Terminally-ill man wants to die at home
by Tom Hardin
Craig Sellaro has something to live for.
He wants to be reunited with his wife and children before he dies.
Sellaro, 48, has lived in Middlesex County on and off since he was 7 years old. His family had a summer home at Piankatank Shores in Hartfield and he visited here often as a boy.
He later worked construction full-time in Middlesex for several years.
Now, he is on disability and his life is limited to a bed or wheelchair.
Sellaro’s problems started a few years ago while living in St. Petersburg, Florida, with his wife Cindy and the couple’s two grown children. “I got sick and began losing weight and the doctors didn’t know what was wrong,” he said.
About seven months ago he came to MCV in Richmond for more extensive tests, and it was there he was diagnosed with myasthenia gravis (MG), a neuromuscular disorder. This disease is characterized by fluctuating weakness of voluntary muscle groups, such as the shoulder, hip, eye, facial, chewing, swallowing and breathing muscles. Symptoms include slurred speech, choking, trouble holding head erect, walking, and shortness of breath.
Sellaro’s condition continues to worsen. He can no longer stand on his own and has to be fed through a tube. This week he was admitted to Riverside Walter Reed Hospital in Gloucester to have another “food port” inserted, this time in his jugular vein. “The veins in my arms are pretty much used up,” he said.
“My situation has progressed so fast I don’t know how much longer I have,” said Sellaro. “I just can’t take care of myself anymore. It’s got me.”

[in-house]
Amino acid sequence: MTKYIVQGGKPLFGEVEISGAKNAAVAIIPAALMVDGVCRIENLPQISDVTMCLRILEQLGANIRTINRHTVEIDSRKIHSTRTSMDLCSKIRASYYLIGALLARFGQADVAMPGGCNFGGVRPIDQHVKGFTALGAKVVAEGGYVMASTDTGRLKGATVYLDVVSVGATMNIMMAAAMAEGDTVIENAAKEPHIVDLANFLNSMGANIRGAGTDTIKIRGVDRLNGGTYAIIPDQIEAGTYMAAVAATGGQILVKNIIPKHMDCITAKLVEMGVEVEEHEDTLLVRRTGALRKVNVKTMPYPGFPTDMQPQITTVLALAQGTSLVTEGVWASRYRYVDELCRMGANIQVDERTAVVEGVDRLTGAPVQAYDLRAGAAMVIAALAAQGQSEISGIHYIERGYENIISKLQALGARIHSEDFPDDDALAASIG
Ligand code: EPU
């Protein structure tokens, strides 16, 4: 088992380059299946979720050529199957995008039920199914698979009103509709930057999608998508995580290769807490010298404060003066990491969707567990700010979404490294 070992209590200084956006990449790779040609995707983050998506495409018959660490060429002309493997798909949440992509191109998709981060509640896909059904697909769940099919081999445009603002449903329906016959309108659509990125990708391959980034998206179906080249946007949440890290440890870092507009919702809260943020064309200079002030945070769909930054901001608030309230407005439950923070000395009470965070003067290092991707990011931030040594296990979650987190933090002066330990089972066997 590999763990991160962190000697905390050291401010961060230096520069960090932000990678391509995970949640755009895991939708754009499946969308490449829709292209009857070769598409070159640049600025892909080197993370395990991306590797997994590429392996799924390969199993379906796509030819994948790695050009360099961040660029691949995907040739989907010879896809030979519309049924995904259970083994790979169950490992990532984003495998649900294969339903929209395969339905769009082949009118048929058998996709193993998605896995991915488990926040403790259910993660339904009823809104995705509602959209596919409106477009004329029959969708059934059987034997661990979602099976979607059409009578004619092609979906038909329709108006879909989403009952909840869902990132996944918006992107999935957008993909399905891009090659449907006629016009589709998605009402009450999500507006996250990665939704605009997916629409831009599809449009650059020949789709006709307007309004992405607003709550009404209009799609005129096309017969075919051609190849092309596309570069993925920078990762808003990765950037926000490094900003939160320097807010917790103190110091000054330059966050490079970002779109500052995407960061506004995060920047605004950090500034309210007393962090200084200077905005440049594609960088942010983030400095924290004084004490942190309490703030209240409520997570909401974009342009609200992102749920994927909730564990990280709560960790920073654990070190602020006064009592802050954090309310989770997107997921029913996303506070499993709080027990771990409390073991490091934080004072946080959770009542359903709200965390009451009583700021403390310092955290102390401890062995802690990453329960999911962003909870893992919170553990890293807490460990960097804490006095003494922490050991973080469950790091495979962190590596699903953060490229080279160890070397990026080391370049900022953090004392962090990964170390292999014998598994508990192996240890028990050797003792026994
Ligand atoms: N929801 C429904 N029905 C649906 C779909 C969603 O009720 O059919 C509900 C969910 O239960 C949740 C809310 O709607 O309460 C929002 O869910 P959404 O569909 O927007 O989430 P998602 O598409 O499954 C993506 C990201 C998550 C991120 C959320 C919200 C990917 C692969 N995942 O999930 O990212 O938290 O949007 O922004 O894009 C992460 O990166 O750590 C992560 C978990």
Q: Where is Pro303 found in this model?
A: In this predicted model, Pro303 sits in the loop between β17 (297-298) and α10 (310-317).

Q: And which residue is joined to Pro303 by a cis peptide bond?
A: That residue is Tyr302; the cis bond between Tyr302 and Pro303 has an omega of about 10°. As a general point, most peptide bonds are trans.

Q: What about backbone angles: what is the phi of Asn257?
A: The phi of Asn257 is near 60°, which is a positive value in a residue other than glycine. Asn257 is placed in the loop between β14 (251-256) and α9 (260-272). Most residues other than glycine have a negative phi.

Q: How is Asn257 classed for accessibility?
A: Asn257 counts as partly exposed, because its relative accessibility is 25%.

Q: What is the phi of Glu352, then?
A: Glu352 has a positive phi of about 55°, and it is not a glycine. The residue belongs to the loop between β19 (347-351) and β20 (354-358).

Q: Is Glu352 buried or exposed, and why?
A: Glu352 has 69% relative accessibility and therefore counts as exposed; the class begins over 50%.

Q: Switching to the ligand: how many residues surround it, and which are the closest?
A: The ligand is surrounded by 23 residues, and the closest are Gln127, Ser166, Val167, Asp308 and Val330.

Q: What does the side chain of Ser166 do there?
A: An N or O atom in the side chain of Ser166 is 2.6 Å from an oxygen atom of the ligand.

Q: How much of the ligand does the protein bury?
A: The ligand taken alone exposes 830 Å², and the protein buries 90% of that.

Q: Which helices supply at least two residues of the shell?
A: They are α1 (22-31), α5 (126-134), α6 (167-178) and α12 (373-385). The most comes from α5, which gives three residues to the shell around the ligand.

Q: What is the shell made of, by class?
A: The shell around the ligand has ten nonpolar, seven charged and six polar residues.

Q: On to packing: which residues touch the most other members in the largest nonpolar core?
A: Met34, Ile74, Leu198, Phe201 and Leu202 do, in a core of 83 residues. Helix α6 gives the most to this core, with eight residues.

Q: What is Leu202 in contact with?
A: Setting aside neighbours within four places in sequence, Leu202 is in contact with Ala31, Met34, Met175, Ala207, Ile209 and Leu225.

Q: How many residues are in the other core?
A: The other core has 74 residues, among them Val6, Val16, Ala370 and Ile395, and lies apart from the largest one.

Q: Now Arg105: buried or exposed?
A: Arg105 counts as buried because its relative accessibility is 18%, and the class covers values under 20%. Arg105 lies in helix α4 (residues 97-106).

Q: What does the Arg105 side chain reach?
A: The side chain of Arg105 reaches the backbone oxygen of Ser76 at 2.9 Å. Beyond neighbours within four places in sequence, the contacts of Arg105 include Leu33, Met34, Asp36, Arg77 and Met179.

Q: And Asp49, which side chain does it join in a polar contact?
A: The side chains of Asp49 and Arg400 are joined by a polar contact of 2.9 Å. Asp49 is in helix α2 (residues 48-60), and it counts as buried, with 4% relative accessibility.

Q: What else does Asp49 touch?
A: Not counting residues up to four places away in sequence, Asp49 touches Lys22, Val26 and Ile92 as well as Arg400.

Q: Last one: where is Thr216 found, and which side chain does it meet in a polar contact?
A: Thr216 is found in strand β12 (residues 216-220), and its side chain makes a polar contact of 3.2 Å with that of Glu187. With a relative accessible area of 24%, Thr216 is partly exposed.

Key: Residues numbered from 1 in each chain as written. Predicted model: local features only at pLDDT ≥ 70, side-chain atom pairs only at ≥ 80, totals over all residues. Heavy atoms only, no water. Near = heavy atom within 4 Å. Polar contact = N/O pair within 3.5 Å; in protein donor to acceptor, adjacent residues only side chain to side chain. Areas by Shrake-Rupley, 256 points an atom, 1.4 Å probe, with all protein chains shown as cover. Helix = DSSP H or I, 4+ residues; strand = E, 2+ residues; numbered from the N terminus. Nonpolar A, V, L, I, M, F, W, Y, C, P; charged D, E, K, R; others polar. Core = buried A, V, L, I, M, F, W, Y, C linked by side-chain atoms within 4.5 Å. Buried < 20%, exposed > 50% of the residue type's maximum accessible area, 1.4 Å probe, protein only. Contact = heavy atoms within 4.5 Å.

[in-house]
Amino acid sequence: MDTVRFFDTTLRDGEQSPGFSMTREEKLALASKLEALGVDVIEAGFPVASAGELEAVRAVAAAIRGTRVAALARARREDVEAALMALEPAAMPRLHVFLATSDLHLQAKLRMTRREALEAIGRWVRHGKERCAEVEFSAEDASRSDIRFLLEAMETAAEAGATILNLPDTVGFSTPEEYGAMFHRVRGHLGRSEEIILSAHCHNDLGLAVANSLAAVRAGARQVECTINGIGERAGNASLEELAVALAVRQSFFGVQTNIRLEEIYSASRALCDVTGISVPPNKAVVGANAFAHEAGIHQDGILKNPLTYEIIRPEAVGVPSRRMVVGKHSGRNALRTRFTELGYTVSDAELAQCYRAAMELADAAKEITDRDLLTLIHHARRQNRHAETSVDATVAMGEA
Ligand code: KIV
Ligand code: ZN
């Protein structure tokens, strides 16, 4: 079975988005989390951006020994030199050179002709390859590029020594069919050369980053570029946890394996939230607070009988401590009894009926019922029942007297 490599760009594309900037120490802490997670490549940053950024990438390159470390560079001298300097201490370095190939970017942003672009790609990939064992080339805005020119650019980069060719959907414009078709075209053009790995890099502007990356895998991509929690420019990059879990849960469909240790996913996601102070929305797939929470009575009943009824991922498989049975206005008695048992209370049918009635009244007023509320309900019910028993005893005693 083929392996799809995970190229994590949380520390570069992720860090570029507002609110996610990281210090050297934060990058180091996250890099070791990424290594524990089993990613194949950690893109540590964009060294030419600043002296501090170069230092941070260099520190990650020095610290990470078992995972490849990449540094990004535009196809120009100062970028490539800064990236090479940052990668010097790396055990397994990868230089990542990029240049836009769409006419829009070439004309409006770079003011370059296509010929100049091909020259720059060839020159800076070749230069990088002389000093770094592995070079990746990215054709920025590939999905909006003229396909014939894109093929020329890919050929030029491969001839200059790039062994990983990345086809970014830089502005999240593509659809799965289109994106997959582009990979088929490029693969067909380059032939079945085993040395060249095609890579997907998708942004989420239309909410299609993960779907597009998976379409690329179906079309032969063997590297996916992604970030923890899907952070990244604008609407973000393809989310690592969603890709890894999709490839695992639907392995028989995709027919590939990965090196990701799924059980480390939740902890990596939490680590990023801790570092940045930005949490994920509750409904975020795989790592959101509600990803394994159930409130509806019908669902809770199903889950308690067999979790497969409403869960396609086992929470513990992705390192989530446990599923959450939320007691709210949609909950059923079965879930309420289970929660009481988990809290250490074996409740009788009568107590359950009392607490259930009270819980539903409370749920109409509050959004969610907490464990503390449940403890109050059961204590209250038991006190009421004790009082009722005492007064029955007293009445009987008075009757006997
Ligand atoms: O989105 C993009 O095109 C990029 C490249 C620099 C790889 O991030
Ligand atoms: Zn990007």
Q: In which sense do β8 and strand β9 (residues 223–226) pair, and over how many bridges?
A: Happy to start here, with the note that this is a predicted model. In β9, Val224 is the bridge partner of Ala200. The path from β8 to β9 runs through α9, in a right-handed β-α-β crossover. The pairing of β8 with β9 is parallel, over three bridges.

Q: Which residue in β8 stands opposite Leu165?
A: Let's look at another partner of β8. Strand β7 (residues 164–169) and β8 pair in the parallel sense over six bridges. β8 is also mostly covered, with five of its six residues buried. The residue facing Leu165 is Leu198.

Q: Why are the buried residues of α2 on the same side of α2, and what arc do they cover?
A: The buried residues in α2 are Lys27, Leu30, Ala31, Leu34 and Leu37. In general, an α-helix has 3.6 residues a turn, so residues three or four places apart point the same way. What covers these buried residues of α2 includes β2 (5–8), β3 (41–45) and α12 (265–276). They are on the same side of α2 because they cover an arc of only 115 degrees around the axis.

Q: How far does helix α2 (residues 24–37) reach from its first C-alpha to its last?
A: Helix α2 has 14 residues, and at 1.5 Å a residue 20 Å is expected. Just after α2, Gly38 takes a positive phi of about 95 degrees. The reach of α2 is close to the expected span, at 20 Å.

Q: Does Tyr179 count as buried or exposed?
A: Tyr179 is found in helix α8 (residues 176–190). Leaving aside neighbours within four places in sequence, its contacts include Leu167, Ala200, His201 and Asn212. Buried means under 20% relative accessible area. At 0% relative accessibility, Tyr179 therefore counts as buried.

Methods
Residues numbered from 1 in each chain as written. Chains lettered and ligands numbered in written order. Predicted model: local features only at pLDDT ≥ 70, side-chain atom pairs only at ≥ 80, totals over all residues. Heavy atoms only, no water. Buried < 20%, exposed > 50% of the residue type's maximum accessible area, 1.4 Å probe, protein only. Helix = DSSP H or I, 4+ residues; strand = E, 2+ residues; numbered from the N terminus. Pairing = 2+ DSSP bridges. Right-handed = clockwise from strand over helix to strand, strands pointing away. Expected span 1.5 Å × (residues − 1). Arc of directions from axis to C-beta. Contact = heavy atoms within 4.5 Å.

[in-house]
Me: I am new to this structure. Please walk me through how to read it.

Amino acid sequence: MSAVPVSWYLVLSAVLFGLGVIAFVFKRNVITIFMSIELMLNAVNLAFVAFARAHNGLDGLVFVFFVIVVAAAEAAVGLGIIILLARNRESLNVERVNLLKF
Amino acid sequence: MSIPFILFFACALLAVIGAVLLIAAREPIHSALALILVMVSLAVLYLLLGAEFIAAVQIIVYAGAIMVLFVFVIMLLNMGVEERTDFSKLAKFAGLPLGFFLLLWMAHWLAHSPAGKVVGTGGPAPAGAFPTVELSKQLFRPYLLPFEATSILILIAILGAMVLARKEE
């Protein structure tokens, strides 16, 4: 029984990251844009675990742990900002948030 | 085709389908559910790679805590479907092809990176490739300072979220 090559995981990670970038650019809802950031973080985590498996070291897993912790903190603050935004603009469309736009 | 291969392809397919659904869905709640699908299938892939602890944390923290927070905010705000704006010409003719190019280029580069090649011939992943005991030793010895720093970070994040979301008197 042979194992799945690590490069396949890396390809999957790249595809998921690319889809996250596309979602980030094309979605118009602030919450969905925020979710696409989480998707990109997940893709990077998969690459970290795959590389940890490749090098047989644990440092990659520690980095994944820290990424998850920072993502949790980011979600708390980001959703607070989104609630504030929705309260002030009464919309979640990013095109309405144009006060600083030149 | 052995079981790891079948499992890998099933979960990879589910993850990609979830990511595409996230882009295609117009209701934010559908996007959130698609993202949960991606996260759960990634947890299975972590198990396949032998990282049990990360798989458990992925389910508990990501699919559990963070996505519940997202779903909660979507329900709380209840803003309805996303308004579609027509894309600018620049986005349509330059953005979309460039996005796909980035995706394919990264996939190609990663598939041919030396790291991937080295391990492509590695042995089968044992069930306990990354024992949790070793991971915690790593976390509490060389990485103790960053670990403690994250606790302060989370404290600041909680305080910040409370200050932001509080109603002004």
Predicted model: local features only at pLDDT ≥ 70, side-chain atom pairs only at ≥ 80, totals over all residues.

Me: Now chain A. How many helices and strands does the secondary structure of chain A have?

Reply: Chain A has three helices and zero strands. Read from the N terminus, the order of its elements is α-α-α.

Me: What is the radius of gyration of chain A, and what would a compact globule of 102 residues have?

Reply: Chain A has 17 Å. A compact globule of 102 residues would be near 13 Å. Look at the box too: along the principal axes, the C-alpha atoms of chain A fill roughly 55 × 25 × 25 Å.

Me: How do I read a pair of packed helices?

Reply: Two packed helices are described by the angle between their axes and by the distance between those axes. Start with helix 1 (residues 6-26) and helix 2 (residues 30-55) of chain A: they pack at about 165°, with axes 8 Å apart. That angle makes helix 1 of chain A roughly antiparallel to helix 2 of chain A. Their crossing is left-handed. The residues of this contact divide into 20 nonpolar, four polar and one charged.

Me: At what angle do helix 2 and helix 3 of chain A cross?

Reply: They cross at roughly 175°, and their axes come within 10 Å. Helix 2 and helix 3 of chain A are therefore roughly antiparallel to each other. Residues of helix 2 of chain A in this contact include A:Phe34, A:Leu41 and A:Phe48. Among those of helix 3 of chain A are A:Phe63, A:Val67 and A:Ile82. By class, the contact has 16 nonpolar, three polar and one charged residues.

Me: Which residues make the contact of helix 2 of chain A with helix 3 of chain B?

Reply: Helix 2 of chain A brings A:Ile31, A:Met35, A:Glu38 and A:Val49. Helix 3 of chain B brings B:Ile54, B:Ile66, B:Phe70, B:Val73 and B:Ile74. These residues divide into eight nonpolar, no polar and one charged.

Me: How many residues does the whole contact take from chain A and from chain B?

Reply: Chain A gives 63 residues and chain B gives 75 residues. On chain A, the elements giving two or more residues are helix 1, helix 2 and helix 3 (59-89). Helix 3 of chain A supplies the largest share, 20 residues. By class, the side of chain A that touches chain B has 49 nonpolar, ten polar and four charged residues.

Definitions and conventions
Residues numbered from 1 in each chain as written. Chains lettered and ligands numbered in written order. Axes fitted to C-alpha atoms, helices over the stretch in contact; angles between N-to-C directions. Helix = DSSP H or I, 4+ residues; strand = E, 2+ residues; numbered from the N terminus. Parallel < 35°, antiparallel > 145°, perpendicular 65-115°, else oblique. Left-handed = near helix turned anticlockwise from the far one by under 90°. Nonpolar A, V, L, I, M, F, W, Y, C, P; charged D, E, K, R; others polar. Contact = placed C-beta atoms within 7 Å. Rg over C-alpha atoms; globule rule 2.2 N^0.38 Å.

Since returning to the Middlesex area, Sellaro has been living with his two sisters. One lives at North in Mathews County and the other at Piankatank Shores. He appreciates their help and hospitality, but he wants to return home to Florida.
“Before I die, I want to get back to my family,” he said.
But getting back to St. Petersburg will be no easy task for Sellaro. He has little money and he can’t make the trip by himself.
Two neighbors and friends, Curtis Baker and Max Farrington of T&M Construction, have offered to help Sellaro—and they have a plan. They want to rent a van to take Sellaro home. They would put Sellaro in the back of the van on a gurney, which would be strapped down tight. The two men would take turns driving.
Once at Sellaro’s home, the two men would build a wheelchair ramp into his house, fix his room to accommodate his special needs, and make other necessary repairs.
Baker said Henley’s Do-It Center has agreed to donate the necessary materials for the ramp, and he is now in the process of trying to raise the $800 needed to make the trip. To date, a couple of neighbors have contributed, but more funds are needed.
Baker has set up a joint bank account in the names of Francis Craig Sellaro and Curtis Baker at BB&T, and contributions to Sellaro’s cause can be made at any branch of the bank.
If Sellaro is healthy enough for the trip, Baker said he and Farrington plan to leave on Friday, May 1, and return early the following week.
If Sellaro’s condition worsens, he will have to go to Florida by airplane, which could be more expensive. Baker is asking that anyone with excess airline miles consider donating them if this becomes the case.
For more information, call Baker at 804-512-6413.